Structure Can Change Agency

One great privilege of the work I do are the many opportunities I get to share the things I care about with different groups of people. If you do it enough, you get a chance to clarify your own ideas, learn from others, and notice connections.

This past weekend, I had the honor to give a keynote talk at the Carnegie Math Pathways Forum. If you don’t know about their work, it is worth checking out. Briefly, their work addresses the enormous blockage in the math pipeline as students transition from secondary to post-secondary. A staggering number of students get placed in developmental math classes, and often, these courses become a holding bin students cannot get out of. The Carnegie folks have worked primarily with community college instructors to re-think developmental math curricularly and pedagogically. It’s fascinating and important work.

My talk was about the relationship between structure and agency, how both contribute to inequalities in mathematics education. When we are teaching in a classroom, it is easy to see problems of inequality as they look locally: high enrollments in developmental math, over-representation of students coming from poverty and students of color, a sense of student apathy. To make progress, however, instructors can learn by linking the local to broader social processes: the maldistribution of qualified math teachers, STEM classrooms that are hostile environments to minoritized students, a K-12 curriculum that often reflects the institution of schooling more than what it means to do meaningful mathematics. I argued that if we frame these problems through what we see locally, we give ourselves, as teachers, less leverage to make progress on them. I shared two key concepts for linking these social processes to what we see in our classrooms: social risk and status. I have written about both of these (click the links if you are curious), but briefly, social risk refers to the threats people feel are posed to their status in a community while status describes the perception of students’ academic capability and social desirability. Both of these ideas link the social process explanations for inequality to what teachers see in their classrooms locally.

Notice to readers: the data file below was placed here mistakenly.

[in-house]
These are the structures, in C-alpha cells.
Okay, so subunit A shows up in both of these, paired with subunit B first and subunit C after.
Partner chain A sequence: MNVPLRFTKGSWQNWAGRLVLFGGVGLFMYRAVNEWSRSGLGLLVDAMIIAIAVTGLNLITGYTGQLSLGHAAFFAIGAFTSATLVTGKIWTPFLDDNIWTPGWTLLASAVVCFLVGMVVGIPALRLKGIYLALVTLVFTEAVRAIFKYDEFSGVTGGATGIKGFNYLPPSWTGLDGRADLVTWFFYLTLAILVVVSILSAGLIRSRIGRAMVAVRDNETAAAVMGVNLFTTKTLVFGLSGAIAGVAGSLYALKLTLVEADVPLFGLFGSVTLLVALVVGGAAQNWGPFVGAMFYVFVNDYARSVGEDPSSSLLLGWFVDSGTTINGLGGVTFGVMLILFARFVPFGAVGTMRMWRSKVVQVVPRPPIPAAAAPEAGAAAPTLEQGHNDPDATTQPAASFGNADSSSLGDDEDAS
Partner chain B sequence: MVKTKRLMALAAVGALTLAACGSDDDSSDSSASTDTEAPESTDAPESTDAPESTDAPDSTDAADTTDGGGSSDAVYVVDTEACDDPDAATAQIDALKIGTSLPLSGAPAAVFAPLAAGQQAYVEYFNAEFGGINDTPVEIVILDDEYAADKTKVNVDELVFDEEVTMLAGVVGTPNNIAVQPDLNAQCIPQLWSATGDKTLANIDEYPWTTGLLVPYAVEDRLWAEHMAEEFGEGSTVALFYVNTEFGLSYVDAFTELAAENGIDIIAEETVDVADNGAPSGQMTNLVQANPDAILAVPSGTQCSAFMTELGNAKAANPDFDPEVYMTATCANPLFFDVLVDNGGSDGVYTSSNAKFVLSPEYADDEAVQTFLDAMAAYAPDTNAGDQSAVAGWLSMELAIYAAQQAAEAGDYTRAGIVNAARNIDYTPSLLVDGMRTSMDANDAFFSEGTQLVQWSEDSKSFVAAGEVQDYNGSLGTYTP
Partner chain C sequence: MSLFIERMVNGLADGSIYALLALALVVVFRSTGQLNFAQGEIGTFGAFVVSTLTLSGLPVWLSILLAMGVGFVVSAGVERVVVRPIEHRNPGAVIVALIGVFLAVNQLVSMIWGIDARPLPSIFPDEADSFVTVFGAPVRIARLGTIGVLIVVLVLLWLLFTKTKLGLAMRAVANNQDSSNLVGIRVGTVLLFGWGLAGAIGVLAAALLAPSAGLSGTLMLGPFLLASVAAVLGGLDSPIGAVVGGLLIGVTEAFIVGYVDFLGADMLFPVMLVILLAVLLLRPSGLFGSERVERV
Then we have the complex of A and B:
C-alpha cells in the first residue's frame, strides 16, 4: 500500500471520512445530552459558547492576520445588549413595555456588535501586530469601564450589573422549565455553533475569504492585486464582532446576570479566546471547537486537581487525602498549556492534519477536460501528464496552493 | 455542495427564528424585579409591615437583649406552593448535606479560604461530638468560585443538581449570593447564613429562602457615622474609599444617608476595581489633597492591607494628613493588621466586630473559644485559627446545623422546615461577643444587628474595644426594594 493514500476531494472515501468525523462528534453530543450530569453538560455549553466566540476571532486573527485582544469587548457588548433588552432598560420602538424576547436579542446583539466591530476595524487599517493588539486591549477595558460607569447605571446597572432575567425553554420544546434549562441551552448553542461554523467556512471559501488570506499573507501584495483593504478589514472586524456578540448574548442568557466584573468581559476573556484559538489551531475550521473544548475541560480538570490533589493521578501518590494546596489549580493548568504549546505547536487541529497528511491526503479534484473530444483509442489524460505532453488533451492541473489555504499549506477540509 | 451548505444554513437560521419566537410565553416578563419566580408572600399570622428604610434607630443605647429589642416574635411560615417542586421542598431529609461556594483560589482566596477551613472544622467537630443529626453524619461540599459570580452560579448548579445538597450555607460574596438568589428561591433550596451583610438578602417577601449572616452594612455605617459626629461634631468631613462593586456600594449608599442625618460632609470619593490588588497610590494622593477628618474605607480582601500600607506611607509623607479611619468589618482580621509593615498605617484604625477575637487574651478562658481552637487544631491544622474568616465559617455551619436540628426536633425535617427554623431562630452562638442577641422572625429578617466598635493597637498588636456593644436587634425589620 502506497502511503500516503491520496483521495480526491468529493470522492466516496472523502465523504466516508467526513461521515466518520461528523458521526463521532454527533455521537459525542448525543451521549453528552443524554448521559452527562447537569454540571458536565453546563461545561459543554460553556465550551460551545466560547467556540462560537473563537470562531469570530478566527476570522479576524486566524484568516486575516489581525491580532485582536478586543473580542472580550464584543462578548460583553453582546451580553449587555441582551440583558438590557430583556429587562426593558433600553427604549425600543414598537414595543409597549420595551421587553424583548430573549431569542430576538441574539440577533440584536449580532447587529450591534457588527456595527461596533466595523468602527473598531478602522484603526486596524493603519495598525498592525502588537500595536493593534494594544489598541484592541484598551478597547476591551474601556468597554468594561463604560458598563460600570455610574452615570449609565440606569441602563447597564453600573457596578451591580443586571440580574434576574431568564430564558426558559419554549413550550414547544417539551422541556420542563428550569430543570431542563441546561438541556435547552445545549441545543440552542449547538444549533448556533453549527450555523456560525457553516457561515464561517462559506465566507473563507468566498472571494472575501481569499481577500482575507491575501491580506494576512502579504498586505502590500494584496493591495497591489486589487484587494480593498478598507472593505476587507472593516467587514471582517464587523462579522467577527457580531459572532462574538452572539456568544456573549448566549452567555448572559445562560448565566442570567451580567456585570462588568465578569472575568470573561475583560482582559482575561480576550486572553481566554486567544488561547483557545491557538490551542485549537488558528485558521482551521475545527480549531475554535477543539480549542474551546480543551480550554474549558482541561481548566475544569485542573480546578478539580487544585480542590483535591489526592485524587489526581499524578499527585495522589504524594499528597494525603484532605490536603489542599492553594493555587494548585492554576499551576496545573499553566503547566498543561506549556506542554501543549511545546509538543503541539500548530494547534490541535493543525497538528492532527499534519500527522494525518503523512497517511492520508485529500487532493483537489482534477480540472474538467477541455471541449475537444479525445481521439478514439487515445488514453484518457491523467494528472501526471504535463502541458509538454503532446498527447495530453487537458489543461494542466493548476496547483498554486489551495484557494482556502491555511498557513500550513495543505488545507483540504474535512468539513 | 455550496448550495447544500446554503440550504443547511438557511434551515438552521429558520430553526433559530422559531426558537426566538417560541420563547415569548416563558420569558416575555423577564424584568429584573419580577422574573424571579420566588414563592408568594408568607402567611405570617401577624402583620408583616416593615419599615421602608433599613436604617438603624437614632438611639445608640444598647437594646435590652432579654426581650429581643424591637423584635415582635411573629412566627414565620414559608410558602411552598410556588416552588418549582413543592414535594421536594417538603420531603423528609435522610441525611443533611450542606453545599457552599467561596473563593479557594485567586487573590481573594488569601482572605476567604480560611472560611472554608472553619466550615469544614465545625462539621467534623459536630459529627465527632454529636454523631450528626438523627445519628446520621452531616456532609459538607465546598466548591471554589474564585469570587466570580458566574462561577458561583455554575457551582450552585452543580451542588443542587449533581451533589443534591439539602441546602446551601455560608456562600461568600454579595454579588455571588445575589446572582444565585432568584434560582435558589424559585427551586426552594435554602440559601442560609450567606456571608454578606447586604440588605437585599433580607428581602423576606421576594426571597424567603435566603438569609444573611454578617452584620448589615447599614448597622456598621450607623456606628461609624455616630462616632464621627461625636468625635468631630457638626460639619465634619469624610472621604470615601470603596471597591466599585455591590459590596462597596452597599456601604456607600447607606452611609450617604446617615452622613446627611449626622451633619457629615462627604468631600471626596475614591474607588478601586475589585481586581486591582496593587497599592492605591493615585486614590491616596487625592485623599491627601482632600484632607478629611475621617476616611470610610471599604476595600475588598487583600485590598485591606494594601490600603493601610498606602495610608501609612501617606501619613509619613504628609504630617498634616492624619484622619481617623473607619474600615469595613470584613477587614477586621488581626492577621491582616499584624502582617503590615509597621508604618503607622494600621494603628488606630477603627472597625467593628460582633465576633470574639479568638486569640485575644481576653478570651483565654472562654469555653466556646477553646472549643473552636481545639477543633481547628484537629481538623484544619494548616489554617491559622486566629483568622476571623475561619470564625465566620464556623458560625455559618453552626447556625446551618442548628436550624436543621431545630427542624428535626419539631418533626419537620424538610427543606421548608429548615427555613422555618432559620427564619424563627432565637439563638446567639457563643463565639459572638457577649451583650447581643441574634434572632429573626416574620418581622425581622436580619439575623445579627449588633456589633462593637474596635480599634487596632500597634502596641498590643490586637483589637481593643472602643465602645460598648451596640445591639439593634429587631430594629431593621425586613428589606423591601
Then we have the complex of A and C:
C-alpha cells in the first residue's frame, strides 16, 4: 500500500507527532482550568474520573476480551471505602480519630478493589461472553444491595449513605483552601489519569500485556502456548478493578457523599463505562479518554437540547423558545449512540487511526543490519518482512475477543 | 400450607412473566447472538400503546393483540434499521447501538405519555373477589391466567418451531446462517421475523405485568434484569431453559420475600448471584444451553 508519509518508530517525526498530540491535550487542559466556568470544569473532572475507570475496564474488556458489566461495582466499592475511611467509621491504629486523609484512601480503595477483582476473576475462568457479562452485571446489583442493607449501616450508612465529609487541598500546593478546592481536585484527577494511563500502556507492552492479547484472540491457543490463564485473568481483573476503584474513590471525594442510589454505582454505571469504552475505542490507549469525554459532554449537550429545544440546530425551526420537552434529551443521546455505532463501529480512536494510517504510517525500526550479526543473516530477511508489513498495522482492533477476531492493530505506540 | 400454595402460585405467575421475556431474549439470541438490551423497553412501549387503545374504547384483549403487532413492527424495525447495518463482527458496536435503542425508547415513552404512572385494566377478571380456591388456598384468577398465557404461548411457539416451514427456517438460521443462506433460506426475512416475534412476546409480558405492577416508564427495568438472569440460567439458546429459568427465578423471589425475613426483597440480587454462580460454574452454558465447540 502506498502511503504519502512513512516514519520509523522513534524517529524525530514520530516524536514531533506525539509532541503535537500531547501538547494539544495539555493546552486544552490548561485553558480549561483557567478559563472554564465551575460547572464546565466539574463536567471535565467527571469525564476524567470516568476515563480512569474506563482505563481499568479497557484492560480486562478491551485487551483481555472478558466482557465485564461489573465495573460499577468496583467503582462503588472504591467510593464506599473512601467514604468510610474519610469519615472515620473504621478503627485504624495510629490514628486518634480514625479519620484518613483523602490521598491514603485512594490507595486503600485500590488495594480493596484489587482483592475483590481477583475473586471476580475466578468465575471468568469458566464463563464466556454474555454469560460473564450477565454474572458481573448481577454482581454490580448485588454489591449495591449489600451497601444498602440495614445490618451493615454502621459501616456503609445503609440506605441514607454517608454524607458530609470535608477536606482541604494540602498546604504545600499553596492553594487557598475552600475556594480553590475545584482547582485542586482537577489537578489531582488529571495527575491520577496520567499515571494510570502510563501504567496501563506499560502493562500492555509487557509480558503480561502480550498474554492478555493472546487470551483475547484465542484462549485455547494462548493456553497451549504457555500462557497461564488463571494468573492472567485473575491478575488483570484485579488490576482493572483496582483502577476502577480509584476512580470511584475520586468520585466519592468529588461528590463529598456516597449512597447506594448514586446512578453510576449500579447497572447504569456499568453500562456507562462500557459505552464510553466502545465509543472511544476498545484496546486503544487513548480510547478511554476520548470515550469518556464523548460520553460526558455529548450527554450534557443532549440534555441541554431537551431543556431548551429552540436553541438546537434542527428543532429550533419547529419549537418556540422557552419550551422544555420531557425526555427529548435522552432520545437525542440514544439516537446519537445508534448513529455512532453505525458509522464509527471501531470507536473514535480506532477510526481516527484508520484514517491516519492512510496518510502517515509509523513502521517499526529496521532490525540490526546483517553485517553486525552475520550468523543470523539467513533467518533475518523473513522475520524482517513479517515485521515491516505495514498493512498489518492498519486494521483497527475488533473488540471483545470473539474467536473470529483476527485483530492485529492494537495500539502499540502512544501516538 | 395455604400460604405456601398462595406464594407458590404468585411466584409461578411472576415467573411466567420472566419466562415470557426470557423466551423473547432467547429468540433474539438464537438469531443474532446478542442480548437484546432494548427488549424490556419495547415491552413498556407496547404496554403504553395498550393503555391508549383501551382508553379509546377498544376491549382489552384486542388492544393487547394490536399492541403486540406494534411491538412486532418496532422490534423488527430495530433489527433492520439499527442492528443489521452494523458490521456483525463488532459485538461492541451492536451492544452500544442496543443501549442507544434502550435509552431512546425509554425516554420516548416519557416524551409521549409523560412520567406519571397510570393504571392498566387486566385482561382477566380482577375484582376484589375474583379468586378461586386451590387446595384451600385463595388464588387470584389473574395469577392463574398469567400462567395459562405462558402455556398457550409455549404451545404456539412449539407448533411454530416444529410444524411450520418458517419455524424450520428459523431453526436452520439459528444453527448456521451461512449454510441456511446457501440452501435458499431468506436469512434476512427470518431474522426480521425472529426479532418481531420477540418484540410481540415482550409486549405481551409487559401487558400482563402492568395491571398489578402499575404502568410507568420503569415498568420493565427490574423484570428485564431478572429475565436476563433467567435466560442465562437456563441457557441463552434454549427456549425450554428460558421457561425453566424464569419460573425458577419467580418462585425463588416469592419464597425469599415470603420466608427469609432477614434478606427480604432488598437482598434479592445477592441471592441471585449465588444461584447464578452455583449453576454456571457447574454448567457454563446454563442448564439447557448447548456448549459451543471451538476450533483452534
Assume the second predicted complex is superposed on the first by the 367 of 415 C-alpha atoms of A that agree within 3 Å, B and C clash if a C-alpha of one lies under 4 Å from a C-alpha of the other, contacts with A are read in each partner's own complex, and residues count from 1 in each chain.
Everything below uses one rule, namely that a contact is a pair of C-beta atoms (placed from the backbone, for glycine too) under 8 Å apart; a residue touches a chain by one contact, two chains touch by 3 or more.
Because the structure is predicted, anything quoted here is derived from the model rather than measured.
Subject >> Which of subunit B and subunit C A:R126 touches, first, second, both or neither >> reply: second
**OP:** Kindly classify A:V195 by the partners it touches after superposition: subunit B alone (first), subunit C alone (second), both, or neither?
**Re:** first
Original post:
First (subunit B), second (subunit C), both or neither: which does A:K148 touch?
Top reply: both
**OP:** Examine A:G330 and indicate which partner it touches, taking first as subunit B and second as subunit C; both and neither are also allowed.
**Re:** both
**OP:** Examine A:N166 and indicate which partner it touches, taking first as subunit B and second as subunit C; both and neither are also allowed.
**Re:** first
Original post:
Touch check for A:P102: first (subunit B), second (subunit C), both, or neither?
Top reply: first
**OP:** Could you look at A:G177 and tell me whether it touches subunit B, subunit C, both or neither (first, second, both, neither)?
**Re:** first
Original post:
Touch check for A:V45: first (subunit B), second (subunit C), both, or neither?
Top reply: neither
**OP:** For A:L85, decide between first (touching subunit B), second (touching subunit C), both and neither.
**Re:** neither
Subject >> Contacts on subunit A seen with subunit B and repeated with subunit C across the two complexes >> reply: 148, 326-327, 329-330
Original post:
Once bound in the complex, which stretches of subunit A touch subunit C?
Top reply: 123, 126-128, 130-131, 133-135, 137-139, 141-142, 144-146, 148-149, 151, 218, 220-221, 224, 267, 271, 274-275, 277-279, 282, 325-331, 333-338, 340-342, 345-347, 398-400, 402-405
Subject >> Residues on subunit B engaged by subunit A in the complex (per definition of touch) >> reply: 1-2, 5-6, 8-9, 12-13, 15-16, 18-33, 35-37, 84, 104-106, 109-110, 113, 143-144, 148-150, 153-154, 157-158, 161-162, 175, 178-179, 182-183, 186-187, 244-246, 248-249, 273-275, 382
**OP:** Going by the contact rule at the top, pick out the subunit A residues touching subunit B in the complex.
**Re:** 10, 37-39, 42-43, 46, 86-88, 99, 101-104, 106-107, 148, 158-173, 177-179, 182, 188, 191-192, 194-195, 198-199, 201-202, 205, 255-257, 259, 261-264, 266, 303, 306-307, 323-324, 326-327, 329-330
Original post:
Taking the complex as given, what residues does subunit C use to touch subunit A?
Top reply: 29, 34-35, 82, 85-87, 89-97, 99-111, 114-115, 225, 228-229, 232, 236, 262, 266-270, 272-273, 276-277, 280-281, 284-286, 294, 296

Teachers can then work to design classrooms that reduce social risk by, in part, attending to status dynamics. In other words, to connect structure and agency, we need ways to think across scale and look at the social origins of problems too often narrated as individual issues. Instead of, for example, blaming students for being apathetic about mathematics learning, we need to recognize what their history has likely been in our current system and accept their apparent apathy as a reasonable response. Our task shifts from finger pointing (“My students just aren’t motivated!“) to having the productive challenge of honoring their experience while trying to change their ideas about math and learning.